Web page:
I have thought about this question for at least twenty years, Elisa Gabbert spells it out (NYT):
My favorite spot in my local library — the central branch in Denver — is not the nook for new releases; not the holds room, where one or two titles are usually waiting for me; not the little used-book shop, full of cheap classics for sale; and not the fiction stacks on the second floor, though I visit all those areas frequently. It’s a shelf near the Borrower Services desk bearing a laminated sign that reads RECENTLY RETURNED.
This shelf houses a smallish selection of maybe 40 to 60 books — about the number you might see on a table in the front of a bookstore, where the titles have earned a position of prominence by way of being new or important or best sellers or staff favorites. The books on the recently returned shelf, though, haven’t been recommended by anyone at all. They simply limit my choices by presenting a near-random cross section of all circulating parts of the library: art books and manga and knitting manuals next to self-help and philosophy and thrillers, the very popular mixed up with the very obscure. Looking at them is the readerly equivalent of gazing into the fridge, hungry but not sure what you’re hungry for.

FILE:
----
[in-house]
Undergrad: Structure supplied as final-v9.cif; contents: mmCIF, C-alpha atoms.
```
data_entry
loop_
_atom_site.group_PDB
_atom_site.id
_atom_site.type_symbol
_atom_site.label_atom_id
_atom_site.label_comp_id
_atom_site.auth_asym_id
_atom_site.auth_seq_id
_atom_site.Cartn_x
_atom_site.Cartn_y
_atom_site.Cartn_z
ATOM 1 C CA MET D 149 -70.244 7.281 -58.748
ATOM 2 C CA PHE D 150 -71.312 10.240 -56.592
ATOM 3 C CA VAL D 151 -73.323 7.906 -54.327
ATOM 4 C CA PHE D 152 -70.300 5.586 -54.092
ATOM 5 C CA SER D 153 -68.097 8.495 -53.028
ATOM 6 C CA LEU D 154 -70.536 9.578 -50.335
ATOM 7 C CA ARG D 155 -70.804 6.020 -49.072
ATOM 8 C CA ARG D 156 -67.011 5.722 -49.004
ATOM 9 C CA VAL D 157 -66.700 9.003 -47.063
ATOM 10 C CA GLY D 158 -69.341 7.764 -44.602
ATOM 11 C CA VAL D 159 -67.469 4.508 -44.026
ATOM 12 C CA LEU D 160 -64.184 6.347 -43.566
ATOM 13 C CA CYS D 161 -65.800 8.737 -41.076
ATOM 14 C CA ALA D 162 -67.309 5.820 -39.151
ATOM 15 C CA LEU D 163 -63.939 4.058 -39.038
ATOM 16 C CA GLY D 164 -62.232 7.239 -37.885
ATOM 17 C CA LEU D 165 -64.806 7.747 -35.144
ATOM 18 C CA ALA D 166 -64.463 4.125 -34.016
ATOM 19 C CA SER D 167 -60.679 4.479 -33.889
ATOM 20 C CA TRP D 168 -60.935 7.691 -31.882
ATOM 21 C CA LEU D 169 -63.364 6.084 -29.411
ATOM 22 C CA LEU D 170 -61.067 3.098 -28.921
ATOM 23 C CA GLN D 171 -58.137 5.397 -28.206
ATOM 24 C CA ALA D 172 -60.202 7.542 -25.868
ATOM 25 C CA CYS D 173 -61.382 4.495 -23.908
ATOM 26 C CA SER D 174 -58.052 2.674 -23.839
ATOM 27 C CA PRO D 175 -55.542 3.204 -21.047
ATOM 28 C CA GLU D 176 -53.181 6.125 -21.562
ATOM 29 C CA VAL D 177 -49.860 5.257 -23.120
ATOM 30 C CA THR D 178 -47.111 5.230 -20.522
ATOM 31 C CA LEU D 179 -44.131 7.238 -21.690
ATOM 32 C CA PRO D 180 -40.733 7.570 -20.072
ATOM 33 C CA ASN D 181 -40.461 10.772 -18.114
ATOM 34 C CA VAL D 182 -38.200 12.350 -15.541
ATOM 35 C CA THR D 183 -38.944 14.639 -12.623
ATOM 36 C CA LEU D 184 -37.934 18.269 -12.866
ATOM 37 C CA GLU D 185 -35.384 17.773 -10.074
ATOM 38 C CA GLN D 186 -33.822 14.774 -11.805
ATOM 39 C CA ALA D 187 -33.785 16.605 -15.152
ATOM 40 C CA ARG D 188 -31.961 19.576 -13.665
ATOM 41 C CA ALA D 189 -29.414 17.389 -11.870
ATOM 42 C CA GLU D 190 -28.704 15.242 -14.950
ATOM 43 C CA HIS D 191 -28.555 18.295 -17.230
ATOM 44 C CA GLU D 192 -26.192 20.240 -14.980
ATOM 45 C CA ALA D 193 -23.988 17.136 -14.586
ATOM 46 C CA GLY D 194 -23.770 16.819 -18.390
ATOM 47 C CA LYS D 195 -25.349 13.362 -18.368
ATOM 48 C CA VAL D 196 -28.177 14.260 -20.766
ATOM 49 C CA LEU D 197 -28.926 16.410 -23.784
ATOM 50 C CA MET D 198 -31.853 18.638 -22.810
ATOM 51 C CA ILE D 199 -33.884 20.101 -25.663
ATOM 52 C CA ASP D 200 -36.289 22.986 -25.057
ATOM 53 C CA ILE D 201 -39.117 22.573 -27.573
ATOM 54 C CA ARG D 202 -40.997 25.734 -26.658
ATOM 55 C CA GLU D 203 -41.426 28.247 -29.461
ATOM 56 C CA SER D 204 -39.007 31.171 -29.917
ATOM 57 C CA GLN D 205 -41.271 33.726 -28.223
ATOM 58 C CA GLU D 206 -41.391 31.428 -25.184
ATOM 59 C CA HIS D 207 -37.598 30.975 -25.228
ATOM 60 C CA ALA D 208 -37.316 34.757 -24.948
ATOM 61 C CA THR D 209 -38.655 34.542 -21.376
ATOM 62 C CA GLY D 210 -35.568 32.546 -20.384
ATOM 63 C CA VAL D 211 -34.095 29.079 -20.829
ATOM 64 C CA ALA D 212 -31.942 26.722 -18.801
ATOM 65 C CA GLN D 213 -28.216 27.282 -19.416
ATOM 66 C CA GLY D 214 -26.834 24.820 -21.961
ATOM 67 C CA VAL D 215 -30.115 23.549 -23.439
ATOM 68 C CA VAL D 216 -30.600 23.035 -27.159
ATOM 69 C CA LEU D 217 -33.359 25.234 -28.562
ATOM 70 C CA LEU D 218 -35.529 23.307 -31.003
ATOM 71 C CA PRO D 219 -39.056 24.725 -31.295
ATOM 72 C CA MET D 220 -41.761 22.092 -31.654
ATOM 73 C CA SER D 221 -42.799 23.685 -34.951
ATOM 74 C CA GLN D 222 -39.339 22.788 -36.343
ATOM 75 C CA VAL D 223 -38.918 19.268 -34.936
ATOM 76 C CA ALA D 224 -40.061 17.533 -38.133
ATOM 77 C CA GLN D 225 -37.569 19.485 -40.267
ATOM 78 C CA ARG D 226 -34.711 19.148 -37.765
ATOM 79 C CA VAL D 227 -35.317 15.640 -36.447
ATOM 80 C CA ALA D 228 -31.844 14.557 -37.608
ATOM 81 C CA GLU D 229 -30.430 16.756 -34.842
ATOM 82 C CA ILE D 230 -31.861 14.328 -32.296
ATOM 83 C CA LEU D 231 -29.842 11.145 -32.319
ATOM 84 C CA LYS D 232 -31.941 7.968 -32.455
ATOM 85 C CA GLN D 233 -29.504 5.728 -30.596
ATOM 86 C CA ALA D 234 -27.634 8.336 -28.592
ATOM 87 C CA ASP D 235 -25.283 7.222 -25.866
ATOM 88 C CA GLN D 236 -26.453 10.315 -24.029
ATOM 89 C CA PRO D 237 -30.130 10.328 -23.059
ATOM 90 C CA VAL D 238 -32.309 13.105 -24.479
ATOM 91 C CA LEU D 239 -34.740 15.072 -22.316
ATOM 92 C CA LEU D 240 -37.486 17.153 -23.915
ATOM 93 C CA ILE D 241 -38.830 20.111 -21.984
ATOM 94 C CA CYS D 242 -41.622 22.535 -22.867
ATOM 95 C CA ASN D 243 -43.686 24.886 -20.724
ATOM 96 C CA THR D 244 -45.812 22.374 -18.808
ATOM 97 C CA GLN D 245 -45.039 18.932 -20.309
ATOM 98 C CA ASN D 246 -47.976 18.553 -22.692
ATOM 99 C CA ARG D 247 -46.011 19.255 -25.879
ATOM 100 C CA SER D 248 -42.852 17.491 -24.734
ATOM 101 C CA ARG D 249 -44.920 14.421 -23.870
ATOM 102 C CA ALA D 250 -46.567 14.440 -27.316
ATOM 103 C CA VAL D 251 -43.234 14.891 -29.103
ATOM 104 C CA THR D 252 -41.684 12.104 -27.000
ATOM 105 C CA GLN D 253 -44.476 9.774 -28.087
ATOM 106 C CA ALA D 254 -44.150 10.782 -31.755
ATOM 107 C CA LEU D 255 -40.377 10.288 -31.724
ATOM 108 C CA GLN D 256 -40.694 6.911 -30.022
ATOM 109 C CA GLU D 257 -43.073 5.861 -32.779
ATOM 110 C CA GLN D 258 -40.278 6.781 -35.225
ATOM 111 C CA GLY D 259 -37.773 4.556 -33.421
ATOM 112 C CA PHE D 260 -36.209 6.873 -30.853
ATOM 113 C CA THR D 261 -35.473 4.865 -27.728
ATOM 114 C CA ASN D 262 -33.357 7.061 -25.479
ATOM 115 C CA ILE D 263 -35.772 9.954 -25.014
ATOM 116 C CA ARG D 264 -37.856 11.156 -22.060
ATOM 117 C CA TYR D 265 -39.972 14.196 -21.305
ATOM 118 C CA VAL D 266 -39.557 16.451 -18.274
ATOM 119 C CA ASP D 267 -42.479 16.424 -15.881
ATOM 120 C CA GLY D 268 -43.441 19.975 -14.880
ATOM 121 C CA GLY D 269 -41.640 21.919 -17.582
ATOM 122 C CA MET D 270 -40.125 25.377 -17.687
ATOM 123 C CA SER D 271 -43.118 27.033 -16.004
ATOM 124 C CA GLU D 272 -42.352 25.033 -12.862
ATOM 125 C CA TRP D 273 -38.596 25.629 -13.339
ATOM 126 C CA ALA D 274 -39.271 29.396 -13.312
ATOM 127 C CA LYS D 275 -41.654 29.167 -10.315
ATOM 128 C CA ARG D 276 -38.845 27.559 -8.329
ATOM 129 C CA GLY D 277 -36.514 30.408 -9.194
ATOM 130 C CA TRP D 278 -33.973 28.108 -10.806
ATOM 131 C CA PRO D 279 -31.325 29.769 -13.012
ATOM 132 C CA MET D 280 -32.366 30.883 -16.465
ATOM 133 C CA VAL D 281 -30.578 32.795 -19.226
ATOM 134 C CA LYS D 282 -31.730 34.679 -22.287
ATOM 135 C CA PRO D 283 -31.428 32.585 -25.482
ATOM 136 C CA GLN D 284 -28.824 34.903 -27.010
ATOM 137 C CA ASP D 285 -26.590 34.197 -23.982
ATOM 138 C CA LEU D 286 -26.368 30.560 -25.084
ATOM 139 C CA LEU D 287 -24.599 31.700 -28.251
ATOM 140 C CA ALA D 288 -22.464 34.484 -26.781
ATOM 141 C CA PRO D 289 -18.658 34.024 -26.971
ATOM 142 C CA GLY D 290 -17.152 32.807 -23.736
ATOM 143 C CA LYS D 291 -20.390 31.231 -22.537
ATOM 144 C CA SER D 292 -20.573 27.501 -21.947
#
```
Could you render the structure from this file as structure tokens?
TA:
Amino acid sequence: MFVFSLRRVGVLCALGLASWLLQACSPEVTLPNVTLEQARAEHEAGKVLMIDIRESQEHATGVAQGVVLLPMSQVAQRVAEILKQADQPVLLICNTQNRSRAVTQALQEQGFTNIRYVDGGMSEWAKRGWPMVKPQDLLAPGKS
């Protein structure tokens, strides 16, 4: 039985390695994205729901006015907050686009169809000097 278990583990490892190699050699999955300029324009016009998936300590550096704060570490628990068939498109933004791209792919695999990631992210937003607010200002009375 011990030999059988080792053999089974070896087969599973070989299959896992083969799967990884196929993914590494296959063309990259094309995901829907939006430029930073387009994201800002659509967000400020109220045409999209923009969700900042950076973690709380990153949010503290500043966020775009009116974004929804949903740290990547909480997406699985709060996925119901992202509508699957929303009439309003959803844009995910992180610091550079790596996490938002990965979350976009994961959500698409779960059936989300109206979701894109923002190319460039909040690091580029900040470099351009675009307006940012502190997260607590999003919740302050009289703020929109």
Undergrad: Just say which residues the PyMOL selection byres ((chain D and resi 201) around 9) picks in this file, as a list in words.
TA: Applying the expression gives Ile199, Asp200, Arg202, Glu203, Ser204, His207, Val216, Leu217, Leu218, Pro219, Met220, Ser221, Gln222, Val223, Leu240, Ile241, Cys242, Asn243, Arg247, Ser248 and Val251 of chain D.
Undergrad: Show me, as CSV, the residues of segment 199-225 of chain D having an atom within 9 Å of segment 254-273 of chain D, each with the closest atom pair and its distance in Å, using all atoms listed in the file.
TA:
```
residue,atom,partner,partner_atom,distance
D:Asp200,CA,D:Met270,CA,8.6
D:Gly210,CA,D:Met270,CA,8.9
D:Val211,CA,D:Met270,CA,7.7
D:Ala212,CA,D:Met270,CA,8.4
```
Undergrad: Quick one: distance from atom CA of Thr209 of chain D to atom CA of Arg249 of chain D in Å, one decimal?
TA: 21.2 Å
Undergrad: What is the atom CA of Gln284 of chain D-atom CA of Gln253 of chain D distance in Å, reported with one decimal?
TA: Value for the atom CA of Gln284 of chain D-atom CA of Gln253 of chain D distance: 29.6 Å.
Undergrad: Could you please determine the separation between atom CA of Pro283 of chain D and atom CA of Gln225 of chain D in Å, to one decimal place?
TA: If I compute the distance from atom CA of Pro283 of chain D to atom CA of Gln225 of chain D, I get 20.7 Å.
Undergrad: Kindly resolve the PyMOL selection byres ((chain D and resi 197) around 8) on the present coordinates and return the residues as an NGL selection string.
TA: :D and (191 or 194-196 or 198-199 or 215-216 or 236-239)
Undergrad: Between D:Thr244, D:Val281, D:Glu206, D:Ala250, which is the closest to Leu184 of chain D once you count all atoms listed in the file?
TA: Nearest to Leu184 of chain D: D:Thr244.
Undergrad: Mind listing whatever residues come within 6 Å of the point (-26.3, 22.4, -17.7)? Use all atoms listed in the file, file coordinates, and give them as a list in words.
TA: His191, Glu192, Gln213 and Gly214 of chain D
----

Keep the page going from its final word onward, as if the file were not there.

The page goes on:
Is it better to spend time, at the margin, pawing through the “recently returned” cart, or the “New Arrivals” section or for that matter just the regular shelves? How about the books simply left on tables and abandoned?
The big advantage of the books on the carts is that they usually are not bestsellers. For bestsellers there is a waiting list, and they are held for another patron, never making their way to the cart. I say go for the carts.